By: Liza Bilich
The SEC continues to discuss the implementation of in-helmet communication in the 2017 football season.
Conference officials discussed in-helmet communication at the recent spring football meetings, but want more conversations before deciding how and when to introduce it. Discussions about the cost, how to limit the use, and which players on the field get to use them, would need to be decided before the headsets would be approved.
“We think it could help clean up sidelines because coaches don’t have to come out and signal plays,” Steve Shaw, SEC coordinator of officials said in the Spring meeting.
The NFL uses in-helmet headsets for coaches and the quarterback and one defensive player to communicate between plays.
The radio connections are cut off with 15 seconds left on the play clock.
Most college teams communicate with signs and hand signals.
Justin Moore, the associate athletic director for football at Texas A&M University, said he’s “all for the devices coming to college football.”
On the other hand, there are many disadvantages to the devices coming to the SEC.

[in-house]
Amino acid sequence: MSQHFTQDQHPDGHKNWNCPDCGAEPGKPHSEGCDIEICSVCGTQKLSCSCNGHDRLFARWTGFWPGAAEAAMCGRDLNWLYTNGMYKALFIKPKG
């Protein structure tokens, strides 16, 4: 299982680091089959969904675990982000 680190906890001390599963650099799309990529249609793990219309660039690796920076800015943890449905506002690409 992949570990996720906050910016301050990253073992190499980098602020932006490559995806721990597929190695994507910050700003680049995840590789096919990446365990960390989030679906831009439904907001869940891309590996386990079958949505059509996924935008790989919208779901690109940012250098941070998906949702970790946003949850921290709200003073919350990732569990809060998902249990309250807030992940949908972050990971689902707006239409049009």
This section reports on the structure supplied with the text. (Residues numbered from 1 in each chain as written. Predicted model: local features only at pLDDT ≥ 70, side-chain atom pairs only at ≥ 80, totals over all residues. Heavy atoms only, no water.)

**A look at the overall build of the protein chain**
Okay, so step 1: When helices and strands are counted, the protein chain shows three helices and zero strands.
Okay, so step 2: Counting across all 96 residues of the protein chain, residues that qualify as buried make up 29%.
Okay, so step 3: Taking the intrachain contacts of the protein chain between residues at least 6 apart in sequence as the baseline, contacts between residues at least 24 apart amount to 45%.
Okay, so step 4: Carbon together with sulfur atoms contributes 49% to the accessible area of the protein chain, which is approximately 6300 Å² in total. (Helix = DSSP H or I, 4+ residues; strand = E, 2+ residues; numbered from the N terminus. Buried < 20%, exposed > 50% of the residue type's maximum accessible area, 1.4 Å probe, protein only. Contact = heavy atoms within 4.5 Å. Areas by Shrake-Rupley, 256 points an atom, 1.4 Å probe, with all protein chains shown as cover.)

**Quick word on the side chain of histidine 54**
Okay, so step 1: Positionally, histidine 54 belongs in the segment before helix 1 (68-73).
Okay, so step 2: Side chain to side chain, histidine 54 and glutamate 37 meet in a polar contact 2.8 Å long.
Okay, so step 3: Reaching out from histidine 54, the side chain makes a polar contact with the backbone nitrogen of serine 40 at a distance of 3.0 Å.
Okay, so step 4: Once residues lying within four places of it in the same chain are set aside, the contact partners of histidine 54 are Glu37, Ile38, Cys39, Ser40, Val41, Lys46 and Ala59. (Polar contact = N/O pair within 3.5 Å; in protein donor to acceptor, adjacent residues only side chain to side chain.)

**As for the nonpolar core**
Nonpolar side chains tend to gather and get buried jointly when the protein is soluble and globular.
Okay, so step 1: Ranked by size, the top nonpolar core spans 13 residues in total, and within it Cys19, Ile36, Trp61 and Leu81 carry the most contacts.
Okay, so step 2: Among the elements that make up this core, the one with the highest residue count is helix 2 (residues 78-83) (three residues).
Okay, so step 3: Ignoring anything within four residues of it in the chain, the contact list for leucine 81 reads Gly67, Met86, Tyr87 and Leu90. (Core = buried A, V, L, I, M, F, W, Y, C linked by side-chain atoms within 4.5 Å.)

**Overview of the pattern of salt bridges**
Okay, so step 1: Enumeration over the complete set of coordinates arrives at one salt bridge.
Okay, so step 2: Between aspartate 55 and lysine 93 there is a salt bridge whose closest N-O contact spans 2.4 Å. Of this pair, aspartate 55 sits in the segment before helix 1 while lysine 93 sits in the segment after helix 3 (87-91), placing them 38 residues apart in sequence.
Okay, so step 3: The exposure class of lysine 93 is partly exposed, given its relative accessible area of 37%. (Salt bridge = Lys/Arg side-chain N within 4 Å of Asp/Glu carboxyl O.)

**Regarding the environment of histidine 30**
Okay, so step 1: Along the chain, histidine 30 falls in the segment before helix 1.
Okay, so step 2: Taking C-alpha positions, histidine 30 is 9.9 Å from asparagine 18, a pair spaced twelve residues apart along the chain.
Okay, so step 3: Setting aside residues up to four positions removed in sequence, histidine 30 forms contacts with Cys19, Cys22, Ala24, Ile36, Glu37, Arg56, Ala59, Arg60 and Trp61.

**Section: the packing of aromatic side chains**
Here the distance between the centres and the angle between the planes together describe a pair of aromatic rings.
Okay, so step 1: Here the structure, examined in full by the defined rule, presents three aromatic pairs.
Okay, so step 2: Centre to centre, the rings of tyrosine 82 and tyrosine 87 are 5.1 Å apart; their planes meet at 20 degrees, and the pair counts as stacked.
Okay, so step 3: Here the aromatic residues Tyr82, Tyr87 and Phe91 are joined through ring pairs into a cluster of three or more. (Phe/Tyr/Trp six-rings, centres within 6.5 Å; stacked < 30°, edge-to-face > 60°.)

“There might be an unfair advantage if a team with a lower budget than ours comes in and aren’t able to use the headset technology that we have been using all season. I like using the hand signals because we are all comfortable with them.” UGA tight end Jeb Blazevich said.
The devices could speed up the game, eliminating the time used by constant signaling.
The technology also provides more cushion in the player’s helmet and allows teams to keep electronic medical records about the player. Trainers on the sideline can spot possible injuries and even concussions because of the use of these devices.
“They could be distracting. In-helmet devices eliminate a top skill that athletes need to develop: decision making,” Greg Bowers, University of Missouri sports editor, said.
ACC introduced the idea of in-helmet communication to the NCAA, but it was turned down.
The NCAA rules committee could not visualize how it would fit into the scene.